The Nearness of You by Amanda Eyre Ward
My rating: 3 of 5 stars
Suzette and Hyland have a happy marriage and a busy life when Hyland surprises his wife with the news that he really wants a child. Married fifteen years, children had always been off the table, as Suzette did not want to pass on the genes of her mother, a woman who gave Suzette a horrifying and unstable childhood and eventually wound up in a mental institution. But Hyland proposes a new solution: what if they use a surrogate, with his sperm and a surrogate's egg? Suzette, a busy and successful heart surgeon, reluctantly agrees. Even though there are some red flags, the couple eventually chooses young Dorrie, a woman who wants to use the surrogate fees to go to college. Dorrie and Hyland bond, and Suzette realizes she must get on board with the idea. But soon Dorrie will make some decisions that will affect everyone in this new trio.
I am a bit conflicted about this novel. Ward wrote The Same Sky, which is a beautiful novel and one everyone should read in this current political climate. It's hard not to compare others to that magical book, and this one did fall short. She does, however, have a way of weaving stories with her words, and while I wasn't nearly as attached to the characters in this novel, I still found myself reading the last half of the book somewhat compulsively.
The novel started out slow, but picked up about 1/4 through, with a twist in the plot. It's told from a shifting rotation of perspectives, including Suzette, Dorrie, and Hyland. There are some large shifts in time as the novel progresses, which did make it harder to attach to some of the characters. None of the plot twists are exactly surprise, as they are foreshadowed a bit in each character's description: this is more of a character-driven novel versus a shocking dramatic novel. Still, even though I tore through the last half of the novel, I just felt the book lacked something, and I felt a tad let down by a story and characters that weren't completely fully developed (the ending is a bit abrupt as well). I enjoyed the perspectives on motherhood that the novel offered, but felt there could be more. That's not to say the novel isn't worth reading; Ward is a wonderful writer, but I just felt a little perplexed and frustrated when this one ended. I had hoped for more.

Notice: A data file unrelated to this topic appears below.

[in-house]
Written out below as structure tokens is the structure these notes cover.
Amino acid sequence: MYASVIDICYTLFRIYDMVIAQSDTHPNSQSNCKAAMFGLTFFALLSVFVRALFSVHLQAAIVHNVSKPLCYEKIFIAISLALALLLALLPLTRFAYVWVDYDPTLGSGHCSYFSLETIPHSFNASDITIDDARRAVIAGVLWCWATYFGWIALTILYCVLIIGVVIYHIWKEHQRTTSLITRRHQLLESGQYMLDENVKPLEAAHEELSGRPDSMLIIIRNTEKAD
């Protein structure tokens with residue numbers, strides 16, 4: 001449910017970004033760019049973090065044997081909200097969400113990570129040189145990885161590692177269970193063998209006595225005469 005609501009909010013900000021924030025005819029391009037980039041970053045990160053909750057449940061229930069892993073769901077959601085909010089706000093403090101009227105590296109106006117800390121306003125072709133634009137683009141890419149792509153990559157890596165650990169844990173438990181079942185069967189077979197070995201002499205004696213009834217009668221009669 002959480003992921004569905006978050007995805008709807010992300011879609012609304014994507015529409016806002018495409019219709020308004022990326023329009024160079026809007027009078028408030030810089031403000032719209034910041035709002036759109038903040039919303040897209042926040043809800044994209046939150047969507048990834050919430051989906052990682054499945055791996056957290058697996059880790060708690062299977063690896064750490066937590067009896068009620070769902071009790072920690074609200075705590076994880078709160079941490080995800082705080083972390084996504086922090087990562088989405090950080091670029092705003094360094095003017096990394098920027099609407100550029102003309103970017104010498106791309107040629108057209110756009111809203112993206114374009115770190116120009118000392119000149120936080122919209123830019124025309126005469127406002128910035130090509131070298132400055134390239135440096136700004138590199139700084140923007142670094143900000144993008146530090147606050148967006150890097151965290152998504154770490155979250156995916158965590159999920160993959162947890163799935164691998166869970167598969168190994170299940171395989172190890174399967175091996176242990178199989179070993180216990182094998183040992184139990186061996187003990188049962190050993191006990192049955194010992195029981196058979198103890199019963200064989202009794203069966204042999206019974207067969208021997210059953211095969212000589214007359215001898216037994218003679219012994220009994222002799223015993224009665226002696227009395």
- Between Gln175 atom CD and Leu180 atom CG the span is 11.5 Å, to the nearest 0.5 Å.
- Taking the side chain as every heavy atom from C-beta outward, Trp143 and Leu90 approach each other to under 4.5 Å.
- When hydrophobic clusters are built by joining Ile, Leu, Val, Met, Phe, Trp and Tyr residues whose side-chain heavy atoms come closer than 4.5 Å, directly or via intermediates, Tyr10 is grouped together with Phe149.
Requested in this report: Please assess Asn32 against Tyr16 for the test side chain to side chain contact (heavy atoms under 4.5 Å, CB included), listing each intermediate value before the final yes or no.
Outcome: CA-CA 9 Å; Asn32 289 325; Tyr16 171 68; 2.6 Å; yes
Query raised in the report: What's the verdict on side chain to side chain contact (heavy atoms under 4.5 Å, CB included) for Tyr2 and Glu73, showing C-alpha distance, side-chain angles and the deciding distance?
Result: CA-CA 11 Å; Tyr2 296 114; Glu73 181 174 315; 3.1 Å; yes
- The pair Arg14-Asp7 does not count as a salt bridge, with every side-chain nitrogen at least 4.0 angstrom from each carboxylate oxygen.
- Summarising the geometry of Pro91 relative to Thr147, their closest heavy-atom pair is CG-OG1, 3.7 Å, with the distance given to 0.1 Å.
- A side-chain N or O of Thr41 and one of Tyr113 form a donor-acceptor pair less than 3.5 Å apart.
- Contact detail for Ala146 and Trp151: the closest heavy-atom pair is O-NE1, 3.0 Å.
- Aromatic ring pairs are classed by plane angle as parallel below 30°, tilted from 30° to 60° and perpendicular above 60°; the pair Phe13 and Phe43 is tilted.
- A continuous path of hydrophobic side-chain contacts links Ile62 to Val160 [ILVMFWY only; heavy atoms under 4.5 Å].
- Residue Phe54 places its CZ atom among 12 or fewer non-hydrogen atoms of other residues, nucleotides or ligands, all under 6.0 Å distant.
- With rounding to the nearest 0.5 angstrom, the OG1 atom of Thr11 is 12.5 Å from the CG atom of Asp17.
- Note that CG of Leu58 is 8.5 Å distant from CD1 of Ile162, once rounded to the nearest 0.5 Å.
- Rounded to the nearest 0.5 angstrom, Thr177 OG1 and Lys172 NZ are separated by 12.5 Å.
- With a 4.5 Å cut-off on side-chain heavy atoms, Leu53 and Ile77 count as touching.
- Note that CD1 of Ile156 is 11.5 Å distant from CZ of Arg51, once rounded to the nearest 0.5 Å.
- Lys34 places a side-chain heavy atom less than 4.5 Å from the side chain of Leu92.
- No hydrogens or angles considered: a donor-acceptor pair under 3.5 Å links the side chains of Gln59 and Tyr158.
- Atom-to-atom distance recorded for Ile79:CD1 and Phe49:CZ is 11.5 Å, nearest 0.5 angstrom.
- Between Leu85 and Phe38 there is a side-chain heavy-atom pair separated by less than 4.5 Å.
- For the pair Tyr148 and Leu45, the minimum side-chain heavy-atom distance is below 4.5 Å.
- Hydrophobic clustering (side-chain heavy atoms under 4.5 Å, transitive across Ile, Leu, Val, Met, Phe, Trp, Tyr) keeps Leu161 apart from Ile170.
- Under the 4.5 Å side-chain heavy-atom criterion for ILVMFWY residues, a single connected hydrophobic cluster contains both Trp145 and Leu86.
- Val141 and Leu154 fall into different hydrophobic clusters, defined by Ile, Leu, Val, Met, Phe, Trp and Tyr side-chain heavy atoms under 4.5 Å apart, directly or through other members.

I received a copy of this novel from the publisher and Netgalley (thank you!); it is available everywhere as of 02/21/2017.
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